The 160-million-year-old reptile is officially named Kunpengopterus antipollicatus. Discovered in China, the dinosaur was a darwinopteran pterosaur, a subgroup of pterosaurs, which first appeared 215 million years ago during the Triassic Period. Pterosaurs, like the pterodactyl, were the first vertebrates to evolve the ability of powered flight.
But unlike other pterosaurs, the Monkeydactyl was the only species in its group known to have opposable thumbs. It's a rare adaptation for non-mammals: The only extant examples are chameleons and some species of tree frogs. (Most birds have at least one opposable digit, though that digit is usually classified as a hallux, not a pollex, which means "thumb" in Latin.)
To analyze the anatomy of K. antipollicatus, an international team of researchers used microcomputed tomography scanning, which generates images of the inside of the body.
"The fingers of 'Monkeydactyl' are tiny and partly embedded in the slab," study co-author Fion Waisum Ma said in a press release. "Thanks to micro-CT scanning, we could see through the rocks, create digital models, and tell how the opposed thumb articulates with the other finger bones."
"This is an interesting discovery. It provides the earliest evidence of a true opposed thumb, and it is from a pterosaur — which wasn't known for having an opposed thumb."
As a tree-dwelling reptile, the Monkeydactyl probably evolved opposable thumbs so it could grasp tree branches, which would have helped it hang, avoid falls, and obtain food. This arboreal (tree-dwelling) locomotion would help the Monkeydactyl adapt to its home ecosystem, the subtropical forests of the Tiaojishan Formation in China during the Jurassic Period.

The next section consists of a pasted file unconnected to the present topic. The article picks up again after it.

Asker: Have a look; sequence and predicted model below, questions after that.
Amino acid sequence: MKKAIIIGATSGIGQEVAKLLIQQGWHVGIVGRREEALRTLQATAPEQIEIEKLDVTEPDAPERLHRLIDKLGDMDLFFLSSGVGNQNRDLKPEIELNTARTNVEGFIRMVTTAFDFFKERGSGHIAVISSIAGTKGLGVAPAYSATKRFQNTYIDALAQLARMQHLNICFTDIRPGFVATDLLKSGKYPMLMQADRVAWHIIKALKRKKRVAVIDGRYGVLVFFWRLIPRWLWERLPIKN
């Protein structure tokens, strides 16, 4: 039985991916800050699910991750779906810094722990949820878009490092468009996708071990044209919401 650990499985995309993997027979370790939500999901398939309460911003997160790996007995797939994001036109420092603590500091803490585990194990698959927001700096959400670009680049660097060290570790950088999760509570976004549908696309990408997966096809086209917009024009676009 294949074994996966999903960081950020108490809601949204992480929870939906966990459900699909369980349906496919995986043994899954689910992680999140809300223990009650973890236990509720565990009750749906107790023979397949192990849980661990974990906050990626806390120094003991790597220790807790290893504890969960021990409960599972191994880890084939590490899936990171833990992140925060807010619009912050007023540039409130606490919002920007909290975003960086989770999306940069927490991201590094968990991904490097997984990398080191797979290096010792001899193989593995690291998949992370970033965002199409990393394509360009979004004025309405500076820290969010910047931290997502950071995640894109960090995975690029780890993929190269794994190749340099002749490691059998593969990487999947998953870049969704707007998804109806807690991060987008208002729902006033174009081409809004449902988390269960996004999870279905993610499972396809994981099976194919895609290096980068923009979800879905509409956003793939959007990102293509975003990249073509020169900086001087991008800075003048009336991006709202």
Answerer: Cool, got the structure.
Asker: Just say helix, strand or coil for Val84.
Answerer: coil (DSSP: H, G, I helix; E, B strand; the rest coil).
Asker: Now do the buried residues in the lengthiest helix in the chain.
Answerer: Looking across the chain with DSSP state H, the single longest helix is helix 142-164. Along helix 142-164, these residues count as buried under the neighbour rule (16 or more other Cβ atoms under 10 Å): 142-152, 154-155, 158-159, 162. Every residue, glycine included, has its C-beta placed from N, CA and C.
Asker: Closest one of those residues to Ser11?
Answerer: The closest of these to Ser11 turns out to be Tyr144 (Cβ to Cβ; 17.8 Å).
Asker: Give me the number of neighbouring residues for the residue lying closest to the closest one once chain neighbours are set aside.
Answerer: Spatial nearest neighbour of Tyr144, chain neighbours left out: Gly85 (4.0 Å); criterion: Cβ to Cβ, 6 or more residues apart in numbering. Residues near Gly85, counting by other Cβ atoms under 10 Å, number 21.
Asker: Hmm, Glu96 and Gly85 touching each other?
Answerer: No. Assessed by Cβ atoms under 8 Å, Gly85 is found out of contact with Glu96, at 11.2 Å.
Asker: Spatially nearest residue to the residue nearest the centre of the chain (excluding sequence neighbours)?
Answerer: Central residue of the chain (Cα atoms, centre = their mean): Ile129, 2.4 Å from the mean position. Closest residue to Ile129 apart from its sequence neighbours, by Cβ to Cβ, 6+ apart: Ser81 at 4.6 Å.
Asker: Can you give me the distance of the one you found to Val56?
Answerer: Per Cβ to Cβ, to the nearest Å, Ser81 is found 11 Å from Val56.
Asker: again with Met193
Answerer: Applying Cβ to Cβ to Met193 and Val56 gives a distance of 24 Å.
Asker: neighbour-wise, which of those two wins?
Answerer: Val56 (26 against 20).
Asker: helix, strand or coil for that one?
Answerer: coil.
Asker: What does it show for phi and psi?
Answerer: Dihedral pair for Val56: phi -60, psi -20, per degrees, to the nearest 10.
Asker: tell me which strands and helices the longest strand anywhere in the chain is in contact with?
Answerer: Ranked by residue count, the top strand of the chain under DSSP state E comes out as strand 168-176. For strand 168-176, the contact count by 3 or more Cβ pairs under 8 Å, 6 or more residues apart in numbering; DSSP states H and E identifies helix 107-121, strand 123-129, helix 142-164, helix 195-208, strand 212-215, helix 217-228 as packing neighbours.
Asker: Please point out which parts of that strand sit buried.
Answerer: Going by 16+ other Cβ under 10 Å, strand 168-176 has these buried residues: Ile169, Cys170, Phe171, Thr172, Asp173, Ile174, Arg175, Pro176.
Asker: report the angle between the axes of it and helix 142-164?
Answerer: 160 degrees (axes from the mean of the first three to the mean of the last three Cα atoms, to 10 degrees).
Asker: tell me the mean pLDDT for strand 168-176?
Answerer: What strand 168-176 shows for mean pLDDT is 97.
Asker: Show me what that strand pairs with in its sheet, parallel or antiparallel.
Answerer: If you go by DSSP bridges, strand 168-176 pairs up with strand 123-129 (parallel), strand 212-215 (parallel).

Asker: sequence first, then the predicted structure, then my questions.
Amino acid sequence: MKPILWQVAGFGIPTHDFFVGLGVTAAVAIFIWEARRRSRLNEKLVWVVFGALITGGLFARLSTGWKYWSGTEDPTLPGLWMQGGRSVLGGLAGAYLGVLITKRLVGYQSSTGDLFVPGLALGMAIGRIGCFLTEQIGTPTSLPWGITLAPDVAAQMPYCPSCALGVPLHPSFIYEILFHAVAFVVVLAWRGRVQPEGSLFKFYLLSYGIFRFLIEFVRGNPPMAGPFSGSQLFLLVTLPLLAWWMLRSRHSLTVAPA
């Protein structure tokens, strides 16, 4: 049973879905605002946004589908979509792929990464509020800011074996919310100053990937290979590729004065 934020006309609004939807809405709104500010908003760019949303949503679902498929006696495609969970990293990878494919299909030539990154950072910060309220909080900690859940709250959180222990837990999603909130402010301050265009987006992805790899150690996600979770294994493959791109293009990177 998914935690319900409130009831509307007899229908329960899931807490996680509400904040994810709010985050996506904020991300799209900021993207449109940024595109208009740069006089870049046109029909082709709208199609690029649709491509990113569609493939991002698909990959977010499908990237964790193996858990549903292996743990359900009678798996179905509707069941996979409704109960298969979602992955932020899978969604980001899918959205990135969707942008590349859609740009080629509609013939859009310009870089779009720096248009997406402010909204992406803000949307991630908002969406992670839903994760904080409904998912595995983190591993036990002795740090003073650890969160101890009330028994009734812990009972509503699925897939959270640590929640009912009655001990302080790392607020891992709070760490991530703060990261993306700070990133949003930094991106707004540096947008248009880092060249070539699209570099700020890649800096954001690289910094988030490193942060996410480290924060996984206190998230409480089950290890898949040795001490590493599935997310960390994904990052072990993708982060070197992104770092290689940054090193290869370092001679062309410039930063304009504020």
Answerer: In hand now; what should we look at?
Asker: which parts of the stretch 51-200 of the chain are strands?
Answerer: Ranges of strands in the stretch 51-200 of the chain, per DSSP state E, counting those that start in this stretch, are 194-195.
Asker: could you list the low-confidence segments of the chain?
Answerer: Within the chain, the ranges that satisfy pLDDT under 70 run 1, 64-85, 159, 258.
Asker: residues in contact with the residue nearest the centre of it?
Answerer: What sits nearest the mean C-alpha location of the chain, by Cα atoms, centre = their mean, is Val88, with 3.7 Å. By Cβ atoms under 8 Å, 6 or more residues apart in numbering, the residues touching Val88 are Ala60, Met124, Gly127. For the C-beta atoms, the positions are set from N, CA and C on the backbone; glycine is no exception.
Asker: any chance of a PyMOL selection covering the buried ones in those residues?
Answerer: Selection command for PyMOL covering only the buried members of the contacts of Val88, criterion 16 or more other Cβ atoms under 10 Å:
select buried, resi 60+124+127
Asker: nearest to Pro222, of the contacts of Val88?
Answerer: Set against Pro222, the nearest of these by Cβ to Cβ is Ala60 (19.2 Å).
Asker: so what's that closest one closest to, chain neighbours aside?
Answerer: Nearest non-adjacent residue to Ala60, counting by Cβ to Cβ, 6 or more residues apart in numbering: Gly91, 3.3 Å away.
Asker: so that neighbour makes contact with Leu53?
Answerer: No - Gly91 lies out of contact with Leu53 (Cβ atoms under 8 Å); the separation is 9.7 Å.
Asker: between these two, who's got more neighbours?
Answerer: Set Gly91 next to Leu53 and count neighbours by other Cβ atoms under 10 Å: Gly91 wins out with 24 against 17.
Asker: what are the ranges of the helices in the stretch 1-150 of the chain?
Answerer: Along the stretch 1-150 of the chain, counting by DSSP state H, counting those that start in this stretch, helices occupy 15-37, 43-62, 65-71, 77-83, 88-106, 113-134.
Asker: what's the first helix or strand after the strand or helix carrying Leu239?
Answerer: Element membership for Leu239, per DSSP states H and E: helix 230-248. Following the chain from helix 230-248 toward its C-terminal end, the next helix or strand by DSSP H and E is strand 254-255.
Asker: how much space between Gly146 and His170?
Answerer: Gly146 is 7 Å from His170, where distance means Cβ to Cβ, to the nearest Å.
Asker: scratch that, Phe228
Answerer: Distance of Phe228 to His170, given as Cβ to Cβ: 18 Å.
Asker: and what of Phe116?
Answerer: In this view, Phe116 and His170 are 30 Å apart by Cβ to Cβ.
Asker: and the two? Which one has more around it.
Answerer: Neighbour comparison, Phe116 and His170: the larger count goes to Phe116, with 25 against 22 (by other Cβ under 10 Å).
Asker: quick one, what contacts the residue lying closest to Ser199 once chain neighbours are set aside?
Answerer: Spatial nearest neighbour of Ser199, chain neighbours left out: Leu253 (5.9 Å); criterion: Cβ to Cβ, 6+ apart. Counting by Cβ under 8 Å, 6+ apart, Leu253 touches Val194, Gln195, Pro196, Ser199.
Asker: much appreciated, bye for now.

The researchers noted that the forests of the Tiaojishan Formation were likely warm and humid, thriving with "a rich and complex" diversity of tree-dwelling animals. But while the forests were home to multiple pterosaur species, the Monkeydactyl was likely the only one that was arboreal, spending most of its time in the treetops, while other pterosaurs occupied different levels of the forest.
K. antipollicatus and its phylogenetic position. (A and B) Holotype specimen BPMC 0042 (A) and a schematic skeletal drawing (B). Scale bars, 50 mm.Credit: Zhou et al.
This process — in which competing species manage to coexist by using the environment in different ways — is called "niche partitioning."
"Tiaojishan palaeoforest is home to many organisms, including three genera of darwinopteran pterosaurs," study author Xuanyu Zhou said in the press release. "Our results show that K. antipollicatus has occupied a different niche from Darwinopterus and Wukongopterus, which has likely minimized competition among these pterosaurs."
In general, pterosaurs are a prime example of how animals can evolve remarkably specialized adaptations. As pioneers of vertebrate flight, pterosaurs had strong and lightweight skeletons that ranged widely in size, with some boasting wingspans of more than 30 feet. The largest pterosaurs weighed more than 650 pounds and had jaws twice the length of Tyrannosaurus rex.
Unlike birds, which jump into the air using only their hind limbs, pterosaurs used their exceptionally strong hind limbs and forelimbs to push off the ground and gain enough launch power for flight. That these massive dinosaurs managed to fly, and did so successfully for about 80 million years, has long fascinated and puzzled scientists.The recent discovery shows that pterosaurs developed even more remarkable adaptations than previously thought, suggesting there's still more to learn about the "monsters of the Mesozoic skies."